Catheter device for intramural delivery of therapeutic agents
United States Patent 5112305

The present invention discloses a method of treatment of an atherosclerotic blood vessel. Specifically, therapeutic agents are delivered by means of a specialized catheter system to the deeper layers of the vessel wall with only minimal interuption of the vessel endothelium. This system will allow high local concentrations of otherwise toxic agents directly at the site of an atherosclerotic plaque. This invention will hopefully reduce the incidence of late restenosis attributed to cellular hyperplasia or rethrombosis.

Barath, Peter (West Hollywood, CA)
Denes, Ferenc (Budapest, HU)
Application Number:
Publication Date:
Filing Date:
Cedars-Sinai Medical Center (Los Angeles, CA)
Primary Class:
Other Classes:
International Classes:
A61K47/48; A61L29/16; A61M29/02; A61M16/04; (IPC1-7): A61M29/00
Field of Search:
604/96, 604/99, 604/101, 604/265, 604/266, 604/51-53, 604/104, 604/97
View Patent Images:
US Patent References:
5021044Catheter for even distribution of therapeutic fluids1991-06-04Sharkawy604/53
5017370Improved method of performing angioplasty procedures1991-05-21Hunter et al.604/53
5002531Dilation catheter with an inflatable balloon1991-03-26Bonzel604/96
4994072Dilation catheter1991-02-19Bhate et al.604/96
4693243Conduit system for directly administering topical anaesthesia to blocked laryngeal-tracheal areas1987-09-15Buras604/96
4641653Medical sleeve1987-02-10Rockey604/96
4417576Double-wall surgical cuff1983-11-29Baran604/96
3981299Urethral catheter1976-09-21Murray604/43
3971385Medical tube with cuff1976-07-27Corbett604/96

Primary Examiner:
Rosenbaum; C. Fred
Assistant Examiner:
Finkel; Sharon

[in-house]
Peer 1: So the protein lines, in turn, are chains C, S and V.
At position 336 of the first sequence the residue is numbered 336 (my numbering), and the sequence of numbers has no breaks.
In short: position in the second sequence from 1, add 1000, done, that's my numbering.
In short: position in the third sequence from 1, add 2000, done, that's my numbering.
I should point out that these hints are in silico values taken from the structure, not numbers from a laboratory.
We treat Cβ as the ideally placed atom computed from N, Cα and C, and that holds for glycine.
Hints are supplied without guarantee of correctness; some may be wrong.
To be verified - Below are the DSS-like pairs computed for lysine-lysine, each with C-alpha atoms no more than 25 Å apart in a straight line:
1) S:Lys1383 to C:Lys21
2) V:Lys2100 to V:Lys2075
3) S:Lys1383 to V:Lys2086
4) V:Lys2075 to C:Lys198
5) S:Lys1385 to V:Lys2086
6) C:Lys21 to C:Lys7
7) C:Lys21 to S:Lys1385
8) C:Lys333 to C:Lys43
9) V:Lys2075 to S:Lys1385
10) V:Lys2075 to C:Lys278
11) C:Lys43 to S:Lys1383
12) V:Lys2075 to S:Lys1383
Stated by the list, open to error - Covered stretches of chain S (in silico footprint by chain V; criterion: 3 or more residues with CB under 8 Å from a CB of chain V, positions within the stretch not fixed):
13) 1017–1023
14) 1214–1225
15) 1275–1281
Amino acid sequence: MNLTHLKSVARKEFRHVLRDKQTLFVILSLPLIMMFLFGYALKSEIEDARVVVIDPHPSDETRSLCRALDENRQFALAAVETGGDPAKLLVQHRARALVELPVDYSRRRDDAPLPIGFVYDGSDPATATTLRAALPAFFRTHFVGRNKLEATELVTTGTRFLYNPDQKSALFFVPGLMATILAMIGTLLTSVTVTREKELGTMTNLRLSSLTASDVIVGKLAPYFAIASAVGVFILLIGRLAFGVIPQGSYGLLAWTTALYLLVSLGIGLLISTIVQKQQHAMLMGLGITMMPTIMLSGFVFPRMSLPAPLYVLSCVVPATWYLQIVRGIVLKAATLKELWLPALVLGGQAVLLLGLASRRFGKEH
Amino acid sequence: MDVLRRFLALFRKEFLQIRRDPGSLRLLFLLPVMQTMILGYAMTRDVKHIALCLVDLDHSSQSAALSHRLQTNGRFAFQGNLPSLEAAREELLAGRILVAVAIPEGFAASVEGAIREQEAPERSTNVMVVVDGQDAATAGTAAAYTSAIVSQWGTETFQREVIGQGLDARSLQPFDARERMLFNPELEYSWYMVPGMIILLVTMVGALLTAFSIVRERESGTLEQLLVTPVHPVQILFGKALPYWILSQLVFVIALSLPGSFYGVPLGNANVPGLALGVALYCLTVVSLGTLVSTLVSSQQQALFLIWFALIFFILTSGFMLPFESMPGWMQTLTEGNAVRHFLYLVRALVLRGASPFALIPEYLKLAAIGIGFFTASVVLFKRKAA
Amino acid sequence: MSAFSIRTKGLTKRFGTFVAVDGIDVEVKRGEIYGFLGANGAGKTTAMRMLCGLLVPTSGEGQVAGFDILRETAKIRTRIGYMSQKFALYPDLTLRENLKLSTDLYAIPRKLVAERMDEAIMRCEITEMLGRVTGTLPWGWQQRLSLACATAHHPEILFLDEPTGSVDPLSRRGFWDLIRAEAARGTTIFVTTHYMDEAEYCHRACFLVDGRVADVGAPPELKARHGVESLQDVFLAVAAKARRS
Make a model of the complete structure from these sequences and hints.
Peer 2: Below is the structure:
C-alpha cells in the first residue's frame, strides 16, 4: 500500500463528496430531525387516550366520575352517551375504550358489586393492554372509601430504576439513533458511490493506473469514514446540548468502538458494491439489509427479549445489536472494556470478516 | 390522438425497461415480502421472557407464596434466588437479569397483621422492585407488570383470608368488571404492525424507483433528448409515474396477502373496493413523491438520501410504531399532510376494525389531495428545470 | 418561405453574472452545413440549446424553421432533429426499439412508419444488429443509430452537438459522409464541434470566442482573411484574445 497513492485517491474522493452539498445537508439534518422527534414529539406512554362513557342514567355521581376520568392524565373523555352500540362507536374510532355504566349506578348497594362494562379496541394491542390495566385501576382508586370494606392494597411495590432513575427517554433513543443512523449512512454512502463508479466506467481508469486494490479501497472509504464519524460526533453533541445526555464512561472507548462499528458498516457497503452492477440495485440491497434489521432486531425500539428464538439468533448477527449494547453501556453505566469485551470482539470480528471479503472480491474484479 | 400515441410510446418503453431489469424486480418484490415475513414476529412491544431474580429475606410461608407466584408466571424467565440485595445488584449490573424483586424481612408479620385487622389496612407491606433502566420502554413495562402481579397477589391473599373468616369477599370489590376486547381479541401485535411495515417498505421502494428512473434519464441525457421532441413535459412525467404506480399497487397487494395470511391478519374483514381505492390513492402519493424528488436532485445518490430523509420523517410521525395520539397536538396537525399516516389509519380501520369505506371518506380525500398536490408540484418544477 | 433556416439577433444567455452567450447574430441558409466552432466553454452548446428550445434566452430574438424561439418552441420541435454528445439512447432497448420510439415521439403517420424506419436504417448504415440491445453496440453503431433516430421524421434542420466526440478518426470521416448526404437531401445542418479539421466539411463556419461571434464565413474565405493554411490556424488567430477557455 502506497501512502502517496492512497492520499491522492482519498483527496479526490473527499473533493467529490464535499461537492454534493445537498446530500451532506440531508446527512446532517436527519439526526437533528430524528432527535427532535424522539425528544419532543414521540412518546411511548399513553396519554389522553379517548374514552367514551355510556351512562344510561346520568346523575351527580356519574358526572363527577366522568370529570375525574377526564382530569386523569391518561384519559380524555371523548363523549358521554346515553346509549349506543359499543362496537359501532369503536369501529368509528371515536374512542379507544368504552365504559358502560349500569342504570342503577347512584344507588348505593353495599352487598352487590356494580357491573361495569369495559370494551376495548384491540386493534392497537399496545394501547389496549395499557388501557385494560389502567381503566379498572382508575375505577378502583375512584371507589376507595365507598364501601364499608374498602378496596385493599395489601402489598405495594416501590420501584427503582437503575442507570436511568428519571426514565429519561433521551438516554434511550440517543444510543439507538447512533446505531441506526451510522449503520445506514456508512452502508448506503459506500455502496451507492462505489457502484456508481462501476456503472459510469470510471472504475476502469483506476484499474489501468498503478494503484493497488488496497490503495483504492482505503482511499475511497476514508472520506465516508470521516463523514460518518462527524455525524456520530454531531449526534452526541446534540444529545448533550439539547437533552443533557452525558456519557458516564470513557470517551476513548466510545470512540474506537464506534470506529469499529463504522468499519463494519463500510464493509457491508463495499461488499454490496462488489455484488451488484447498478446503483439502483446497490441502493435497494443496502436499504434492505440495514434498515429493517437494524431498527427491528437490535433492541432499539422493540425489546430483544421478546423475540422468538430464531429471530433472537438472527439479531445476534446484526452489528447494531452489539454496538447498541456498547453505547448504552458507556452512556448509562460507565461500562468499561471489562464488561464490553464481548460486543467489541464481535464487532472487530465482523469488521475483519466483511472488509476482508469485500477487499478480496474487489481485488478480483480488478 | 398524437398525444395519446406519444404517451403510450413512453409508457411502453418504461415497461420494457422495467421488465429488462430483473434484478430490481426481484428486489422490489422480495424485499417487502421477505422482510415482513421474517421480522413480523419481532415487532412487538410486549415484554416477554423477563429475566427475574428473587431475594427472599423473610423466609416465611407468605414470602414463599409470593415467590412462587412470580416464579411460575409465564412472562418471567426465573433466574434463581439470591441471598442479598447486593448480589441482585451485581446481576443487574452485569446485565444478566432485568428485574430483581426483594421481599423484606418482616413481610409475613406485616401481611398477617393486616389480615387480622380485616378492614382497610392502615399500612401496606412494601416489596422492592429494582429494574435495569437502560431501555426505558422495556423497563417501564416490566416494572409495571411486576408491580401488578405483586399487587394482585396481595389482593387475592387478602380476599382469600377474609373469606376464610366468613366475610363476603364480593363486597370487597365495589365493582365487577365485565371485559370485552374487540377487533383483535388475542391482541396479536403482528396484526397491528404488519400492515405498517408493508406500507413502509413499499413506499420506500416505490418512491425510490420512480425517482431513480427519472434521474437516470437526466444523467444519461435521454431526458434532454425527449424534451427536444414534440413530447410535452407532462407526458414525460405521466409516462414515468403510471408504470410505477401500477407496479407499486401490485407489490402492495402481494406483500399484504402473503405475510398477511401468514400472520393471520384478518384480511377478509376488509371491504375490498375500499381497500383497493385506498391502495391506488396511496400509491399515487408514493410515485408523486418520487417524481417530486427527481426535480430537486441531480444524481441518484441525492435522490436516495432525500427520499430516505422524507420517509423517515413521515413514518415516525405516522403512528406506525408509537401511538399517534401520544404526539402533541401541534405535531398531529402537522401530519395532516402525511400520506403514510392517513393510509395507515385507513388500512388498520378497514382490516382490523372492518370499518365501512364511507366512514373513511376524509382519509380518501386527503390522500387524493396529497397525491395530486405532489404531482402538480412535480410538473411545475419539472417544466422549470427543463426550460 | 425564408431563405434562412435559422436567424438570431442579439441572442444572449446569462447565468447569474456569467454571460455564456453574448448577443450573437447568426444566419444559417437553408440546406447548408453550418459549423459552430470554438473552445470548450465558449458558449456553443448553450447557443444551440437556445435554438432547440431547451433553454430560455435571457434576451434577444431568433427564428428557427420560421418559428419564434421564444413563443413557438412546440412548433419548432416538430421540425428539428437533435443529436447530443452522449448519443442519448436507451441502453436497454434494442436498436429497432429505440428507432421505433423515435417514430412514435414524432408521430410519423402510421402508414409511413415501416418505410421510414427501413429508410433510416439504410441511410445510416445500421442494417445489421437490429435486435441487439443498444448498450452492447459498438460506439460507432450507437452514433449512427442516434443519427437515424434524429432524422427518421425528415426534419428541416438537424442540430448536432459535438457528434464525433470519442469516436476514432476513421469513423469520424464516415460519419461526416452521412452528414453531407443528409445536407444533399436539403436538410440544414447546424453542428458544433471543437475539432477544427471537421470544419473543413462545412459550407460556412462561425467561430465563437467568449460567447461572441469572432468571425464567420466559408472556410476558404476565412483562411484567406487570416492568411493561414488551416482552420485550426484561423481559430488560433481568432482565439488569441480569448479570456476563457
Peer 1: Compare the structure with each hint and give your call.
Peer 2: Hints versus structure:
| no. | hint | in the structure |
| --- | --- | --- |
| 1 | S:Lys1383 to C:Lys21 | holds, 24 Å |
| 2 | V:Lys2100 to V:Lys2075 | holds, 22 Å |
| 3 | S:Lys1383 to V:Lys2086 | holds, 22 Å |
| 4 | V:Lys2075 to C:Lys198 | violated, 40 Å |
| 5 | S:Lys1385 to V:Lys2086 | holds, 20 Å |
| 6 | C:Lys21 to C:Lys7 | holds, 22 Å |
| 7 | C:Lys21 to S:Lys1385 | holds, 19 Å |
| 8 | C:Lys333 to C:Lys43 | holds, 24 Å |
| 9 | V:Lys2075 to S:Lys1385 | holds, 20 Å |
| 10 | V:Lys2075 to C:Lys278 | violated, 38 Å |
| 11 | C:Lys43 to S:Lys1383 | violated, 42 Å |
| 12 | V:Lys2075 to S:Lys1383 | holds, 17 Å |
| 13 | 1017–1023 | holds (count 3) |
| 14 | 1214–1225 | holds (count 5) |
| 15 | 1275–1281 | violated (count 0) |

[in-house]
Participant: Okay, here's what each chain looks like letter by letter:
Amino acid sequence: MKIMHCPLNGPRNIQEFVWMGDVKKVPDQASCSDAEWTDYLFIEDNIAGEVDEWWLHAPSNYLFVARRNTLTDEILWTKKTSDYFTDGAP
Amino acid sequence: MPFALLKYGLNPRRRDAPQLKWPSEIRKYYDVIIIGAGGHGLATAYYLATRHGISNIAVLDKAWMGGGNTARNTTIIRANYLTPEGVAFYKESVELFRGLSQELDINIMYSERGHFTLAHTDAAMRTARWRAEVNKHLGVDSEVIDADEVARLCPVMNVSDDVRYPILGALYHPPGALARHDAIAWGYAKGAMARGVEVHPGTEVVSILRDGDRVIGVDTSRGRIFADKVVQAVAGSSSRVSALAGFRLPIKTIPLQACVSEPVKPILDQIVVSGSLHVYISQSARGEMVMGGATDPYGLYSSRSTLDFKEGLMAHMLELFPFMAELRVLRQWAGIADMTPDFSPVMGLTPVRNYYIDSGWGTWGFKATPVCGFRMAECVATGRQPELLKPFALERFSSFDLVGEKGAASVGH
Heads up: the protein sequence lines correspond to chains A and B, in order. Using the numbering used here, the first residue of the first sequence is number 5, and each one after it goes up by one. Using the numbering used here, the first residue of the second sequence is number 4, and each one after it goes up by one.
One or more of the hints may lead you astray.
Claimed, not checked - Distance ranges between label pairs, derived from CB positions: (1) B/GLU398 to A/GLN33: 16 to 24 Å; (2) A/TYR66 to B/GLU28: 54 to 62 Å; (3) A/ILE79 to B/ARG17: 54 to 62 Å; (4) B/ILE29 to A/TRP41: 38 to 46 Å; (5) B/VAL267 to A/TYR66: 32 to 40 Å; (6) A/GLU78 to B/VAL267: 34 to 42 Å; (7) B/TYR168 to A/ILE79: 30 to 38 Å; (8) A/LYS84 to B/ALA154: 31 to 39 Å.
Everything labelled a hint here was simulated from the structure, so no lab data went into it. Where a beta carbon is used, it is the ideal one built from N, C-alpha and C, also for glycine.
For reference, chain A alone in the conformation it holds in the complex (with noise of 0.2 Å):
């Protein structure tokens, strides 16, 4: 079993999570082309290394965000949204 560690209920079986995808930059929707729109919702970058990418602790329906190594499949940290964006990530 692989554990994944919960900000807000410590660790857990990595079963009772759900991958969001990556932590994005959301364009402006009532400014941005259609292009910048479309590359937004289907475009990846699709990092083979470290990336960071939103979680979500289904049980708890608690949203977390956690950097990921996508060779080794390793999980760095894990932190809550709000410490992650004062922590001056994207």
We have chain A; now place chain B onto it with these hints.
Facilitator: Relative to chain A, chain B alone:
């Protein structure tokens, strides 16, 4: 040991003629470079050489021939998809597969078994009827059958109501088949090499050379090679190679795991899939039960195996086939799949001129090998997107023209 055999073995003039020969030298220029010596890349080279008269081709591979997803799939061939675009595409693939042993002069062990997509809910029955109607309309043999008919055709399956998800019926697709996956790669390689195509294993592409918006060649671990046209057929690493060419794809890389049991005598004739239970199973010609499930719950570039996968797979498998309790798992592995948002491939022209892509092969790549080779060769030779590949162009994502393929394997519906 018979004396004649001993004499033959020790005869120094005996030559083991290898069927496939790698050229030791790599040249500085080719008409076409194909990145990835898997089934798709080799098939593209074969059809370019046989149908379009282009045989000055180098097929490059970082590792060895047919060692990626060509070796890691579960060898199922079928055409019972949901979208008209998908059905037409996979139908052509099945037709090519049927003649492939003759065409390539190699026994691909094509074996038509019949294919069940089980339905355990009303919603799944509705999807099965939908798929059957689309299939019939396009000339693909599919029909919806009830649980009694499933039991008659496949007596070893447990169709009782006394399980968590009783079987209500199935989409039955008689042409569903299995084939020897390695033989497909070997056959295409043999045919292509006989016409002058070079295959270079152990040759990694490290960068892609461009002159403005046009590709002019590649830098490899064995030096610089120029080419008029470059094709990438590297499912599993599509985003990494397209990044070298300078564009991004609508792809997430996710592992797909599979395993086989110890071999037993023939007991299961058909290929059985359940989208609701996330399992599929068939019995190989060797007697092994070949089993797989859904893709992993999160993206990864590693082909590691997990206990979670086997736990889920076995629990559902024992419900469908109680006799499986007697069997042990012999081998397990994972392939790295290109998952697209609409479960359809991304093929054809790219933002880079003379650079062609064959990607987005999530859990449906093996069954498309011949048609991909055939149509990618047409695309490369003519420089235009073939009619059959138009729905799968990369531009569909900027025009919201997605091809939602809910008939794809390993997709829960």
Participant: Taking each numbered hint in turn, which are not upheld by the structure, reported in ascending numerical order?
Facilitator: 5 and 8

Attorney, Agent or Firm:
Parent Case Data:

This application is a continuation-in-part of copending application Ser. No. 472,898 filed on Jan. 31, 1990

I claim:

1. A method of treating a blood vessel which contains an atherosclerotic lesion whereby a therapeutic agent is delivered into the vessel wall at or near the side f the atherosclerotic lesion comprising:

insertion of a catheter device system into a diseased blood vessel, the catheter being one which contains an inflatable balloon studded with hollow tubular extensions that communicate between the outer surface of the balloon and the inner lumen of the catheter device system;

slow filling of the catheter balloon so that the balloon surface's tubular extensions abut the inner vessel wall; and,

rapid infusion of a bolus of a therapeutic agent fluid sufficient to effect bursting of the vessel's endothelium by the tubular extensions and delivery of a therapeutic agent to the deeper layers of the vessel wall through the extensions.

2. A catheter device and system useful in the treatment of blood vessels or other hollow viscera of the body, said catheter comprising:

a centrally hollow shaft having proximal and distal ends, said central portion comprising a first longitudinally extending lumen with an opening on its proximal end adapted to receive therapeutic fluid for a guide wire, and a second longitudinally extending lumen circumferentially disposed around and capable of communicating with the first longitudinally extending lumen and with a similarly adapted proximal end;

a plurality of inflatable balloon type regions longitudinally and circumferentially disposed along the axis of said second longitudinally extending lumen and capable of fluid communication therewith;

a plurality of radially extending hollow tubular studs disposed along said inflatable regions extending outwardly from said catheter device and capable of fluid communication directly to either or both of the inner lumens.


This invention relates generally to the medical and veterinary medical field of atherosclerotic lesion treatment. Specifically, a device is disclosed that allows the localized administration of various therapeutic agents into the wall of an involved vessel. One use of this device will be to prevent post angioplasty vascular restenosis precipitated by either reoccurrence of the initial thrombotic lesion or by hyperplasia of the local vessel cellular components.